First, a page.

Go deeper into the history of each park with scholarly articles and essays from Oxford University Press, freely available for the centennial year.
American National Biography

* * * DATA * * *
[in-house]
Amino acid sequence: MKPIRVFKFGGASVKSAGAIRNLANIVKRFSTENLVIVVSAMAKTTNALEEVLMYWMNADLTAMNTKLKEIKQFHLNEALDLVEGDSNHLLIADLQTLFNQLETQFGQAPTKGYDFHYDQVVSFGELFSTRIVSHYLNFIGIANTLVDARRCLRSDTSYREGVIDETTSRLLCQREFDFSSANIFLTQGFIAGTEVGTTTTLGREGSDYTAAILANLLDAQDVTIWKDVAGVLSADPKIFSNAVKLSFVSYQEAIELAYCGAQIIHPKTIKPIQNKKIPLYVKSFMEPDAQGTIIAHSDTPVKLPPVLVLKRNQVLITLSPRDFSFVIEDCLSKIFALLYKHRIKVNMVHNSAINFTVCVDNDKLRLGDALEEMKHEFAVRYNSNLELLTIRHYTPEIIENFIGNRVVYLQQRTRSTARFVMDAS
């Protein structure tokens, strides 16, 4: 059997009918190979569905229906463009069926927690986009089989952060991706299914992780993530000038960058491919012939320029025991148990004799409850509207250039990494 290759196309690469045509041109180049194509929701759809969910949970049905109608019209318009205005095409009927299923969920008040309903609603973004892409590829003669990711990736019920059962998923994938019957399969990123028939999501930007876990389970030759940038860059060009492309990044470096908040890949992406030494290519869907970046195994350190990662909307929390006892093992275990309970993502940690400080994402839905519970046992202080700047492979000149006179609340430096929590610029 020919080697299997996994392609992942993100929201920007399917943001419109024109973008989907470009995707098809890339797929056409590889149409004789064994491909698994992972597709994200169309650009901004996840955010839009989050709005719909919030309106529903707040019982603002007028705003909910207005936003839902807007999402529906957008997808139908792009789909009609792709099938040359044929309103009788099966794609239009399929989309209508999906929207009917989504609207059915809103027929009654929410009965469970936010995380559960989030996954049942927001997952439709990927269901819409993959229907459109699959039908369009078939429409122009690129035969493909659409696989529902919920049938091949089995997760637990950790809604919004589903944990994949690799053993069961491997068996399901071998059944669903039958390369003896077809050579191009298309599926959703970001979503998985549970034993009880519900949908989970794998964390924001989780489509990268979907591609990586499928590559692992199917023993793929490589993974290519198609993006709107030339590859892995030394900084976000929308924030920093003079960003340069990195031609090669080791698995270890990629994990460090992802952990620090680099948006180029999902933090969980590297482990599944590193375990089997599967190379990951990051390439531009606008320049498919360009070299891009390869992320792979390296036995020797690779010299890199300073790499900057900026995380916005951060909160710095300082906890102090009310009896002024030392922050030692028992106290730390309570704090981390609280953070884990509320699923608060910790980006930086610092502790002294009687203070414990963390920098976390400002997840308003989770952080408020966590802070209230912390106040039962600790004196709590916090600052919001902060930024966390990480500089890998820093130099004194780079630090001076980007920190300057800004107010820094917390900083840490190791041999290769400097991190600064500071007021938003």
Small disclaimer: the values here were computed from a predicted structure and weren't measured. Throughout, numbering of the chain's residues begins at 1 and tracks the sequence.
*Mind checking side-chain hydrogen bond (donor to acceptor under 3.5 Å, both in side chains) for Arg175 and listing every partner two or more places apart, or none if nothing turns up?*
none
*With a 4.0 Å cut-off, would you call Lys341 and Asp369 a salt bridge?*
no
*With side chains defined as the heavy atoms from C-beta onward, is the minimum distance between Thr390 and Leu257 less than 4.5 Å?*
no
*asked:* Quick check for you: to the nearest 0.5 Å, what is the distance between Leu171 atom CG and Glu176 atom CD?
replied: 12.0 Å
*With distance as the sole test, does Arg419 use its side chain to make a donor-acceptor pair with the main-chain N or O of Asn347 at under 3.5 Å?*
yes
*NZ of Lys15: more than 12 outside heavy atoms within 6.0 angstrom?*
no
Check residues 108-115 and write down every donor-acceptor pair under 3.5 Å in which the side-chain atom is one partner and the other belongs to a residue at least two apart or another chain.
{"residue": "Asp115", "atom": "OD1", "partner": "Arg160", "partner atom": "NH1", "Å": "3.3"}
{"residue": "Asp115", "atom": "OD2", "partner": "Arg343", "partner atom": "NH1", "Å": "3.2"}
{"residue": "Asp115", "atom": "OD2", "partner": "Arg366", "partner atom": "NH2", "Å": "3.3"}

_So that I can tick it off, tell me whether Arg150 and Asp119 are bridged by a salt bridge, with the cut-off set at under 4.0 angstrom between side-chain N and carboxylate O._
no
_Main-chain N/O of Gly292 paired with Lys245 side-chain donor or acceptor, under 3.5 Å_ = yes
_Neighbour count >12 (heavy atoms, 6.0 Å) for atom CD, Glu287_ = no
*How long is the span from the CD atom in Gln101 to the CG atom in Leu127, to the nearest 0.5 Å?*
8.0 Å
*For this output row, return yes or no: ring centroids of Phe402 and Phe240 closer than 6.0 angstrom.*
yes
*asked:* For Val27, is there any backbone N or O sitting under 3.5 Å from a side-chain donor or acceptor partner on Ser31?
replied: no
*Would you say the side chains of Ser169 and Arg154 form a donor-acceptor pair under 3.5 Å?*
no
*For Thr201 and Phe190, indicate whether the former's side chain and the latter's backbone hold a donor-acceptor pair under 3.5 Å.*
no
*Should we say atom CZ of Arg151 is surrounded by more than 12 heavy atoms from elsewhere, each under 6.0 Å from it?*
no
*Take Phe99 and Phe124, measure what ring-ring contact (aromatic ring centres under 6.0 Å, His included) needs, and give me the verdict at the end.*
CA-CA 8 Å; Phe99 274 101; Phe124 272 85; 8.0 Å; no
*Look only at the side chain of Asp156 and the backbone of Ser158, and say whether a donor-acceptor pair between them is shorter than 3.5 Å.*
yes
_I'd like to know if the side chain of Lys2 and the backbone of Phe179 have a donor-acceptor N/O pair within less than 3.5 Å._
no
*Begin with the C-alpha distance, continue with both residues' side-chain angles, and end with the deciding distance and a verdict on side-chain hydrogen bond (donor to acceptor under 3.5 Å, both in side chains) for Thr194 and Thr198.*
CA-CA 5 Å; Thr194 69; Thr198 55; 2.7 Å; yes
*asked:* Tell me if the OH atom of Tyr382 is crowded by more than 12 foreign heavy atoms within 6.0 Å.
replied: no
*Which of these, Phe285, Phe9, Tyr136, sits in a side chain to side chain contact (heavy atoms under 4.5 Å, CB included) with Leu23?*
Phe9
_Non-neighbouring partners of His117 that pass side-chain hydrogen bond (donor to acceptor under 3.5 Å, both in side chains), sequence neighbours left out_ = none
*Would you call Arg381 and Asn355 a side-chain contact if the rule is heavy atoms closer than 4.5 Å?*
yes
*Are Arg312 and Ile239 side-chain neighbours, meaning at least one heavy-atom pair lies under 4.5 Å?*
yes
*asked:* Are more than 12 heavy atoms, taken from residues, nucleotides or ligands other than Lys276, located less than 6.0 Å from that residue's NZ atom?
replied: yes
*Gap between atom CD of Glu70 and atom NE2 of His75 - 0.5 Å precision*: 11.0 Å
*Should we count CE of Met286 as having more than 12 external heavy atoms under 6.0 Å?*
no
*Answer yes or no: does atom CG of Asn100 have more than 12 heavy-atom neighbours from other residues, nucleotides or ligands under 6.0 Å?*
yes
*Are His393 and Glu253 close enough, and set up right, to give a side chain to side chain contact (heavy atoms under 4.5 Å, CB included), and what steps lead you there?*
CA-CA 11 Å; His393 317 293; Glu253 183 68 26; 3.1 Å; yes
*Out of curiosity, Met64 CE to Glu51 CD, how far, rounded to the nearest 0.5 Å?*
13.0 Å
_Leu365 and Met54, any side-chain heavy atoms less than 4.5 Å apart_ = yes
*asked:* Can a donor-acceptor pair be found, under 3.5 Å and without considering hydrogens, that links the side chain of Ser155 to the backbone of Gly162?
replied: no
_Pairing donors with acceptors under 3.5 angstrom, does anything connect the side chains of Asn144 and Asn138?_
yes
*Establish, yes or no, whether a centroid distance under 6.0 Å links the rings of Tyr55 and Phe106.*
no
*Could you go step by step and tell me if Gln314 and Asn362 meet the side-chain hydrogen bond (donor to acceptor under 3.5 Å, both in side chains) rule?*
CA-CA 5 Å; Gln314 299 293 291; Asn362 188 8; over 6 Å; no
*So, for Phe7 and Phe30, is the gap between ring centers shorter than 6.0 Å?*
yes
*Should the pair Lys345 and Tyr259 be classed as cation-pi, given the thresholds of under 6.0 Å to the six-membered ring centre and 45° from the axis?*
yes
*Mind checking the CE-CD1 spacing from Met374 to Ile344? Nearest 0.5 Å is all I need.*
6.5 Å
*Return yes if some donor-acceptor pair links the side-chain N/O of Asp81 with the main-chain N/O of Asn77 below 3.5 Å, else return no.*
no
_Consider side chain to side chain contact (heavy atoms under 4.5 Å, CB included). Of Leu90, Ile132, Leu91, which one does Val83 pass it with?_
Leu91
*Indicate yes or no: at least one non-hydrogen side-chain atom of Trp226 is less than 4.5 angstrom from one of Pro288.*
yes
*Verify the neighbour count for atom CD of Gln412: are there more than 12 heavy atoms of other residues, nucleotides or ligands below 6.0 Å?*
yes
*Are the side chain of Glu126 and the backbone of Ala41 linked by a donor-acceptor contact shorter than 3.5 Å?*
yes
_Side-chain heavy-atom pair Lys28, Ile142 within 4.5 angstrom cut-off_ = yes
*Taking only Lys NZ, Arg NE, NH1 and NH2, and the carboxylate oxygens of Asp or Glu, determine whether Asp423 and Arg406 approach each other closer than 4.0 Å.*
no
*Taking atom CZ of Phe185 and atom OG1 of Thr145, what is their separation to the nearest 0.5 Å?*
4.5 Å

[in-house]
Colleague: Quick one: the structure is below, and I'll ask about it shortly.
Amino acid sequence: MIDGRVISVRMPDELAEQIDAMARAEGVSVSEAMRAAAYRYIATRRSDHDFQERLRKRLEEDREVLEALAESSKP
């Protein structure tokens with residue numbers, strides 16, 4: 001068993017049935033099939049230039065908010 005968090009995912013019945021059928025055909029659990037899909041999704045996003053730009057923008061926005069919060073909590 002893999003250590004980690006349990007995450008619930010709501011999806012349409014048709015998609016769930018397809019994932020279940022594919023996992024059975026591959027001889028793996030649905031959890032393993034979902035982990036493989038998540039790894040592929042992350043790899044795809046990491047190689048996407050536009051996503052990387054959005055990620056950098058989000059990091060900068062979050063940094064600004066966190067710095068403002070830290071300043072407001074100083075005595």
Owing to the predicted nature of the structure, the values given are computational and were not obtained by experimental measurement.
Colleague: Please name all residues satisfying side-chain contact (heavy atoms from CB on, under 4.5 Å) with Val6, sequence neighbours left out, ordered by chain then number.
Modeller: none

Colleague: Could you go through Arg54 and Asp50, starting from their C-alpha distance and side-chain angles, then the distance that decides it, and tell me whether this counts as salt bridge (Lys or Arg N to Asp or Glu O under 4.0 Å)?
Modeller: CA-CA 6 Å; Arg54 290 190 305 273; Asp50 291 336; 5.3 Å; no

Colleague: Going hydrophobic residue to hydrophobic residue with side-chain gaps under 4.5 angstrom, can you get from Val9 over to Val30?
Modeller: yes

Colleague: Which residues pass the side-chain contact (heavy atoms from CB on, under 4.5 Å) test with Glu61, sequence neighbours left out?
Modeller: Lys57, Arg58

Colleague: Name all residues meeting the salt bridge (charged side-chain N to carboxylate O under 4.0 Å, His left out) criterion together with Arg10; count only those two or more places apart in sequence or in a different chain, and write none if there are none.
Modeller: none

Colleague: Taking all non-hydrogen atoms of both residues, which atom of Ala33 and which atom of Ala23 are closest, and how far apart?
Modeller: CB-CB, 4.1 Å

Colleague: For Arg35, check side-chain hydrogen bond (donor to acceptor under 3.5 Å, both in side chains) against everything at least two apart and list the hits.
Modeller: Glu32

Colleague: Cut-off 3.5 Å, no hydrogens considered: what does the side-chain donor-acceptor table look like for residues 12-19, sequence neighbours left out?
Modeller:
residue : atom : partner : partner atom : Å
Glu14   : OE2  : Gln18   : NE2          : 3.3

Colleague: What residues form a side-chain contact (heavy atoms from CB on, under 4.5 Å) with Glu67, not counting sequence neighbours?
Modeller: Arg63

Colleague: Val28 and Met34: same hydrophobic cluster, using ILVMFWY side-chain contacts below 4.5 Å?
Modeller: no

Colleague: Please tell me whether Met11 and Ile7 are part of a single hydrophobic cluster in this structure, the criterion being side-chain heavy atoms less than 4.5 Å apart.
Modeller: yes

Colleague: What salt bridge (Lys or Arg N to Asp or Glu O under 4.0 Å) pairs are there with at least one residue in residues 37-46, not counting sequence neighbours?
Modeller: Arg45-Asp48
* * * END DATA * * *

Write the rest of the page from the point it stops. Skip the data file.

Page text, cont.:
Besides the day-to-day management of his bureau, Mead's energies were directed increasingly toward one of the outstanding engineering feats of the twentieth century, the building of Hoover Dam, the centerpiece of a massive, multipurpose program for the lower basin of the Colorado River. Construction of this huge dam, begun in 1931, was the capstone of Mead's remarkable life in reclamation. Under his overall direction, the 727-foot arch-shaped structure was finished a full two years ahead of schedule. Unfortunately Mead was unable to attend the dedication in September 1935; he lay ill in a Los Angeles hospital. He recovered and returned to work, only to die soon thereafter in Washington, D.C., so he never saw the dam completed later that year. In recognition of his long service to reclamation, Secretary of the Interior Harold Ickes named the lake then forming behind Hoover Dam in his honor.